Belfast Telegraph

Why pouring money down the drain could help save smelly Belfast

By Lindy McDowell

I feel as much affection for the city of Belfast as for a dear old friend. So bearing in mind that line about the things a good friend really should tell you, here goes... Belfast, old girl, you smell a bit. In fact you smell a lot. Has anyone else noticed how vile the whiff now is in various parts of the city centre?

It's not just the usual inner city smell. That familiar, pungent urban mix with back notes of pigeon dropping, fried onion and idling bus-engine fume.

No. This is so much worse. It's coming up from down under. The old girl is having problems with her pipes.

Walking close to Ann Street on Sunday I got a serious blast of it. As, unfortunately, did a passing group of tourists who made clear their disgust. I don't know which language they were speaking. But yeuuugh, is yeuuugh, in any language.

The worrying thing is that the wind at the time was coming straight down from Siberia. But the smell was something you might associate with a Costa del Sol pub toilet during a Mediterranean heatwave. (Sorry, Costa del Sol.)

It was gross. If the city streets pong like this on a cold spring day what on earth will they be like when/if the weather warms up a bit?

There is nothing new about any of this. Belfast as we all know has a definite problem with drainage. There may now be moves afoot - or underfoot - to tackle this.

But as recently as Christmas past, a report was warning that somewhere in the region of £1bn could be needed to address the city's drainage woes.

MLA David McNarry described the situation as "a horrible mess of neglect and incompetence".

There were dire warnings about housing construction and business being curtailed with obvious impact on local revenue should something not be done. Belfast's Victorian drainage system needs a serious and expensive update. And if the odour rising from the street gratings is anything to go by, it needs it fast.

Adding to this pressure is, ironically, good news on the tourism front. The city has never been more popular with visitors. Just this week it landed yet another travel awards gong - this time the impressive 'Best UK City' title. This place has so much to offer.

But turning a blind eye - or nose - to the problem down below would be madness.

Bar owners and restaurateurs have done so much to put Belfast on the visitor map. The city has been going all continental with pavement seating and outdoor eating areas (blankets sometimes provided).

But pity the visiting gourmand who gets a lungful of Belfast underground just as they're about to tuck into their lunchtime special. Pity the poor food outlets having to work with this on their doorstep.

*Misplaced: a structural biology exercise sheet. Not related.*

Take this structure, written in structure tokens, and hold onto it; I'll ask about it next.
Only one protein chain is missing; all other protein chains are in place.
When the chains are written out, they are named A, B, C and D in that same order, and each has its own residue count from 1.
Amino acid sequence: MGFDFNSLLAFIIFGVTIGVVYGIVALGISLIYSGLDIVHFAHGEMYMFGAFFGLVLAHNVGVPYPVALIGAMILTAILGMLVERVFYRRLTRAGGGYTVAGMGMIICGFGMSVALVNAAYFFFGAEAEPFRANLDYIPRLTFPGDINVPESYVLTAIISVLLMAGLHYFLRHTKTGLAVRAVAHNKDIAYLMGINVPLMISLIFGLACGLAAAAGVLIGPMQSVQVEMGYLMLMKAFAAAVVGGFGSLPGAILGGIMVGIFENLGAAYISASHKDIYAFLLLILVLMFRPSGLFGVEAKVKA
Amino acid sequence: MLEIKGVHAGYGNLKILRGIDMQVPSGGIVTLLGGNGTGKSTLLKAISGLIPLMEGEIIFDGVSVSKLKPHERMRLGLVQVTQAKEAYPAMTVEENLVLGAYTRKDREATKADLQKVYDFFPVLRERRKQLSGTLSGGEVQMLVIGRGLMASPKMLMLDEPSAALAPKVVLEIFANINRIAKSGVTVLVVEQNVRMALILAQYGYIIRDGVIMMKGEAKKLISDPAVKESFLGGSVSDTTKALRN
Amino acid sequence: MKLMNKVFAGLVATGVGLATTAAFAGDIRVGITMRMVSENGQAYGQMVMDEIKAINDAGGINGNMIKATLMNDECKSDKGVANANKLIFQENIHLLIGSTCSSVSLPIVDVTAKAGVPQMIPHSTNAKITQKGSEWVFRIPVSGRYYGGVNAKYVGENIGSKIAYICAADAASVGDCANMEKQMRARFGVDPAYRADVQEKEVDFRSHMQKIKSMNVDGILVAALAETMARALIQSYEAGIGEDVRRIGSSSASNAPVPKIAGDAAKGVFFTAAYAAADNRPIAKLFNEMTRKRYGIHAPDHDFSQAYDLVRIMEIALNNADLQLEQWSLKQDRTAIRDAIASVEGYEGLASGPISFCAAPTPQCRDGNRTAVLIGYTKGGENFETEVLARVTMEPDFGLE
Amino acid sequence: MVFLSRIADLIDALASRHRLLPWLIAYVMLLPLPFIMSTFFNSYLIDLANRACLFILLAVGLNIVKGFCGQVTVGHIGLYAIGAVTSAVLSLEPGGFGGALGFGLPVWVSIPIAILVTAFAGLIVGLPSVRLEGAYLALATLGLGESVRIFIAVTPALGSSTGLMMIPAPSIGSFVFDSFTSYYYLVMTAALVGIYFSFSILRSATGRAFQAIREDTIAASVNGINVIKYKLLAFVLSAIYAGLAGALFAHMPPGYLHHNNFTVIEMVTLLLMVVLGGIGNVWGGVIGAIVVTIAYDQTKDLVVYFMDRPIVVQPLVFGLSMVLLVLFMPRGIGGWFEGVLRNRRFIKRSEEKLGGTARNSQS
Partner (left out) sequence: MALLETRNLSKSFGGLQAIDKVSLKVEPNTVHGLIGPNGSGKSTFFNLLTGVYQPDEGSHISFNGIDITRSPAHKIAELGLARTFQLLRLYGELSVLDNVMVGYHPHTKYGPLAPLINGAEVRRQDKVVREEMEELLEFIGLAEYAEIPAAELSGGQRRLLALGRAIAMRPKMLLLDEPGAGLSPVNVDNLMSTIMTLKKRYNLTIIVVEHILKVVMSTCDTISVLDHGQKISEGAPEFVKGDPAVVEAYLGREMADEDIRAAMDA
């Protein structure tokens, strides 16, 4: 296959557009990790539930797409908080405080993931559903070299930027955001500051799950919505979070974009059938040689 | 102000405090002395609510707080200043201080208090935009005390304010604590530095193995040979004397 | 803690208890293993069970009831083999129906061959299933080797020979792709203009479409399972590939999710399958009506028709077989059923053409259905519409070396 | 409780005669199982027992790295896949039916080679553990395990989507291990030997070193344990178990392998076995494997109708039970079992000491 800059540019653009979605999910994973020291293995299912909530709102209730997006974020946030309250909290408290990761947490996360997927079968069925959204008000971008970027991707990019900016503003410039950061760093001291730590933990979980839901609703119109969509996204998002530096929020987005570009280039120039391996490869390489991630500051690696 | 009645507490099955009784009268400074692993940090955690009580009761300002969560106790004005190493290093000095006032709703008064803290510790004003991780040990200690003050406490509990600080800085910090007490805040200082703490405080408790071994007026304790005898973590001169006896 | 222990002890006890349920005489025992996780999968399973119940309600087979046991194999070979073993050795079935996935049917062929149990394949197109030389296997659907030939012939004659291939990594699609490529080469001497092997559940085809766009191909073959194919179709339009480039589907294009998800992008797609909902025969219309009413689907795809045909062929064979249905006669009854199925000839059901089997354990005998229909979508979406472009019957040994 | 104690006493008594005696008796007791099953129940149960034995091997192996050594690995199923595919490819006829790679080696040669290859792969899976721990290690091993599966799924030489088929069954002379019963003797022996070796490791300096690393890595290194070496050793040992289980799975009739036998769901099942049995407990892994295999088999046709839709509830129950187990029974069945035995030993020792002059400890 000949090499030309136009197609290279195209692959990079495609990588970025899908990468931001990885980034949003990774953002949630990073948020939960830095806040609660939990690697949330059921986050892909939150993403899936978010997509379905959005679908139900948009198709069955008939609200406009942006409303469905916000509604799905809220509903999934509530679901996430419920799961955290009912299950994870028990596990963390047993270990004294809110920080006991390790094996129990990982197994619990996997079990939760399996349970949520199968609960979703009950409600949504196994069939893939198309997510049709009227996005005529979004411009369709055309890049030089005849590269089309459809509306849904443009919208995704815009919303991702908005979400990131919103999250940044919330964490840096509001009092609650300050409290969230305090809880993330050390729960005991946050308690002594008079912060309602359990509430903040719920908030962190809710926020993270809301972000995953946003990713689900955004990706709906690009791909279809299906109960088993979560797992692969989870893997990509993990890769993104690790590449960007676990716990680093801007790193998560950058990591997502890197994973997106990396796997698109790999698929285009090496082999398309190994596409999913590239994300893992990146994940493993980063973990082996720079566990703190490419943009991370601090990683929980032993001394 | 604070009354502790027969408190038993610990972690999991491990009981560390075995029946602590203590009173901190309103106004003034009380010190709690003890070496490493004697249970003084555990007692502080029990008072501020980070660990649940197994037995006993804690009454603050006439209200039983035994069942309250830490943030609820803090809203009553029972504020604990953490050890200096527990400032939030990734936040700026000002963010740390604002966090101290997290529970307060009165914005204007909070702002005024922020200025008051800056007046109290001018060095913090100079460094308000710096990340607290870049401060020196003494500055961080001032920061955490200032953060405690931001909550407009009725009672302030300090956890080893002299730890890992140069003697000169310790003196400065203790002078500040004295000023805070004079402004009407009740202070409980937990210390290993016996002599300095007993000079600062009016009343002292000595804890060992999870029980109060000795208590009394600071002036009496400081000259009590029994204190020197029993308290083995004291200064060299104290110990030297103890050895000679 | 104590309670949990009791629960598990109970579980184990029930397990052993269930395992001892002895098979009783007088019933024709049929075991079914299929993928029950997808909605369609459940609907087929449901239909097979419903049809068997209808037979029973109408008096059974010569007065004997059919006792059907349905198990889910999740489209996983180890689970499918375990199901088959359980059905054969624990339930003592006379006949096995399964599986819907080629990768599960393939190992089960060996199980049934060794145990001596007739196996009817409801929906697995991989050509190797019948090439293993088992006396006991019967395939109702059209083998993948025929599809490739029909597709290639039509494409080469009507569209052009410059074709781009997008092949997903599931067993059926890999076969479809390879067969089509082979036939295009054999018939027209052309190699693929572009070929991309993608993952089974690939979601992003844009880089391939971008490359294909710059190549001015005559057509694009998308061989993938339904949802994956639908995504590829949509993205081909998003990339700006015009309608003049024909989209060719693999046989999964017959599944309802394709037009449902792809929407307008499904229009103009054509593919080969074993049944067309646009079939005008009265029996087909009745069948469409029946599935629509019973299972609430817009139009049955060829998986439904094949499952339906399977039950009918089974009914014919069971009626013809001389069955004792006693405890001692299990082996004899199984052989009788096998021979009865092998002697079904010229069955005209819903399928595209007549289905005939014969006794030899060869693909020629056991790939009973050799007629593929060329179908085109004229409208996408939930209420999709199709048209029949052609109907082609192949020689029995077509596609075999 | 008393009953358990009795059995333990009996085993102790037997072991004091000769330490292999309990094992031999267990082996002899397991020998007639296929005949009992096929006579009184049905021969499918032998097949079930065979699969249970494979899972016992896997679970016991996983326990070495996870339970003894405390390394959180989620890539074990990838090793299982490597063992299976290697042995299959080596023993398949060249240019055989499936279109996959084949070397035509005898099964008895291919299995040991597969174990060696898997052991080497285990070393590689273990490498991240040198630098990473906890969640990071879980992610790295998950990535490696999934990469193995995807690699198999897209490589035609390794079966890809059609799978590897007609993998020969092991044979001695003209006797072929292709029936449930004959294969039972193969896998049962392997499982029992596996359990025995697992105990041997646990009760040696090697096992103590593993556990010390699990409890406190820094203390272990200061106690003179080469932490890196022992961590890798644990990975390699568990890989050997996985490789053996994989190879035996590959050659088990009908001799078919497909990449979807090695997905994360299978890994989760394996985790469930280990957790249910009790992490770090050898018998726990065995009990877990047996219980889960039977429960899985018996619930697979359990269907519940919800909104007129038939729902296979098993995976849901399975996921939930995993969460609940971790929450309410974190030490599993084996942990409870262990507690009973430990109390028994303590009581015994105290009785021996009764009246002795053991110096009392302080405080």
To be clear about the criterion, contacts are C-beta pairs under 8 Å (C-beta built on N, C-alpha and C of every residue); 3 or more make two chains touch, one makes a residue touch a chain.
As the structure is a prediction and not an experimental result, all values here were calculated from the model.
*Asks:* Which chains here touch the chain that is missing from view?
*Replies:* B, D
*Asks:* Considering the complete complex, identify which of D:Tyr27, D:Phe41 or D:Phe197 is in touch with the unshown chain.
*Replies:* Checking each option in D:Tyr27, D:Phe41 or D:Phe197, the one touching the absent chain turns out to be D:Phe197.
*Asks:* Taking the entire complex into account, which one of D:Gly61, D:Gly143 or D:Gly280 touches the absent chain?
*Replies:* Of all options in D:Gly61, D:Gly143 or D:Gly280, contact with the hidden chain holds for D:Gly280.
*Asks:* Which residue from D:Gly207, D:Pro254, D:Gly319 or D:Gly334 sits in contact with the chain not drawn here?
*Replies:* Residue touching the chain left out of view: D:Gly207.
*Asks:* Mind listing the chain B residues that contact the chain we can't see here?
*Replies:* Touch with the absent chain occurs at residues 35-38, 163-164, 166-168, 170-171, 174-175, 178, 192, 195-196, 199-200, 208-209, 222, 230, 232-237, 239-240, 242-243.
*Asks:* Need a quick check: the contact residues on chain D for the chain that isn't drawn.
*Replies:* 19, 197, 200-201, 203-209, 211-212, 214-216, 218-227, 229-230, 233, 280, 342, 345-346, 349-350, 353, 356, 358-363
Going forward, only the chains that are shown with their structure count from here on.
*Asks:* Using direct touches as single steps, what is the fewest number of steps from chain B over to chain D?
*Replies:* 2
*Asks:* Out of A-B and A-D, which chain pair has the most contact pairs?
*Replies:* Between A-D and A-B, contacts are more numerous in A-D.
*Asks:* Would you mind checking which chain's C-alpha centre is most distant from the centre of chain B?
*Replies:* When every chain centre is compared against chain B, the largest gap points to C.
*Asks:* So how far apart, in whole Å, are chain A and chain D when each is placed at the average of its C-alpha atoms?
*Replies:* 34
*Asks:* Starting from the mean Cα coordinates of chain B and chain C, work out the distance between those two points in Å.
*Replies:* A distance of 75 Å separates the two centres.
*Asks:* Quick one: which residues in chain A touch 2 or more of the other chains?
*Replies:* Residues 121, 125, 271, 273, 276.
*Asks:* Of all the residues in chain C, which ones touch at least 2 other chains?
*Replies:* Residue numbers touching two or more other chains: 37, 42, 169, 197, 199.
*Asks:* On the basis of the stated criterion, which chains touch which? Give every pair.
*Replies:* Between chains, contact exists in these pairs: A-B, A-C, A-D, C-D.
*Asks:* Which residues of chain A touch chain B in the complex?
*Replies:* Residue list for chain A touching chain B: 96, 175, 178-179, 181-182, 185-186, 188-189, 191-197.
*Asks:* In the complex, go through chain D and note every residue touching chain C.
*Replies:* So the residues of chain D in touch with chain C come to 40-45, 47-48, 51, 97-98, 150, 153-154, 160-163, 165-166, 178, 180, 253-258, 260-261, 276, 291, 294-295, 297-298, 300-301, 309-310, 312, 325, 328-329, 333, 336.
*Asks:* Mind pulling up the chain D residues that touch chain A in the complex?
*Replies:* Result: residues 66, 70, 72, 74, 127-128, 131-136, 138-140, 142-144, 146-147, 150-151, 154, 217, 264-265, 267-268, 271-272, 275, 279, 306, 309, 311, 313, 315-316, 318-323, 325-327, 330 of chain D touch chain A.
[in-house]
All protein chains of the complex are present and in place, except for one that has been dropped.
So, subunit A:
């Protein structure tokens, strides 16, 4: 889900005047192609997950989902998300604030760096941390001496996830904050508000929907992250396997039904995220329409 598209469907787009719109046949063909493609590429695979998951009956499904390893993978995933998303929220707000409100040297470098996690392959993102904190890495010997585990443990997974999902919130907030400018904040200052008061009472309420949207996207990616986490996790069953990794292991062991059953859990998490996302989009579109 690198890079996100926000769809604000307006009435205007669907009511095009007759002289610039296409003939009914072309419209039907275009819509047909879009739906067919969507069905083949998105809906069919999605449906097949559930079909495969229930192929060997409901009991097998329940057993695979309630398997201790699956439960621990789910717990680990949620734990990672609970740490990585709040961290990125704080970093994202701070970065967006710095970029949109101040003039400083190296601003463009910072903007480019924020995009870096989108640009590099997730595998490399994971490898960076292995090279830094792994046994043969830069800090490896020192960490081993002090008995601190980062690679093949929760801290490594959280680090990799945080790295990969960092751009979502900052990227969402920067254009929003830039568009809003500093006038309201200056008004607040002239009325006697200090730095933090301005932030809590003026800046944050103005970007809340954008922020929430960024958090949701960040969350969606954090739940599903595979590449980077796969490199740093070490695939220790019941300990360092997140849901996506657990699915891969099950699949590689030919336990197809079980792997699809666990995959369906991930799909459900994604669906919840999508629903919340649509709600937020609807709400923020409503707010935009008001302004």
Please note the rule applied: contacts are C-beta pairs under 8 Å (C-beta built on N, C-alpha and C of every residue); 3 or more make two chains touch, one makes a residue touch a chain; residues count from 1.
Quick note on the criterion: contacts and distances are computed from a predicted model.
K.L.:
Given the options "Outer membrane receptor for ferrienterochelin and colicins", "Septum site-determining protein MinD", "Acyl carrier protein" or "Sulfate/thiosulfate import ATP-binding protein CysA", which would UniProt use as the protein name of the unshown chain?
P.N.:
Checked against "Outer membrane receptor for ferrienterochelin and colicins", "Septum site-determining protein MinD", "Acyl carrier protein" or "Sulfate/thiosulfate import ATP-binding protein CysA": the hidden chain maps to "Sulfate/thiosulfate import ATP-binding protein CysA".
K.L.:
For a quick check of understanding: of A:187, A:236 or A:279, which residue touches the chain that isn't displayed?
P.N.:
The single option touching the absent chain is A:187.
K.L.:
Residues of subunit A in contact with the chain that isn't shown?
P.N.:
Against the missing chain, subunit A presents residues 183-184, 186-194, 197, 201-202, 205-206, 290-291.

We all know there is a limit to resources these days and countless worthy causes are competing for finance. But it's hard to ignore the evidence that Belfast's street level success is masking (just about) a massive, mouldering problem below ground.

The answer is literally to pour vast sums of money down drains. The alternative is to sit back and do nothing and see the city's hard won reputation as an attractive place to visit, head down the subterranean Swanee.

True, it really isn't a pleasant subject to talk about.

But it isn't going to go away unless it's tackled.

On the surface Belfast now looks what it is, an amazing, friendly, welcoming city.

The real horror picture we can't afford to go on ignoring...

What lies beneath.

Driving home a senseless slogan

Coming into town down the Ormeau Road there’s now a large advertising hoarding strategically placed at a rush-hour sore spot, snippily advising commuters: “You’re not stuck in traffic. You are traffic.”

Since the ad has been placed there by Translink, the message is obvious. You should have taken the bus. Which is also, to be pedantic, traffic.

And, at that particular spot on the roadway, it has to be said, would also be stuck in traffic.

City is enjoying a real purple patch

Saturday in Writers’ Square saw a celebration of International Women’s Day, with many sisters dressed in symbolic purple.

It was very jolly, with lots of drumming — the soundtrack to most civic celebrations these days. Just a bit further along I noticed a large group of men also in symbolic purple, heading for the pub. This is what a feminist looks like? As it turned out, no.

Braehead Clan supporters in their team’s colours. In town for a clash with the ice-hockey Giants.

Belfast Telegraph


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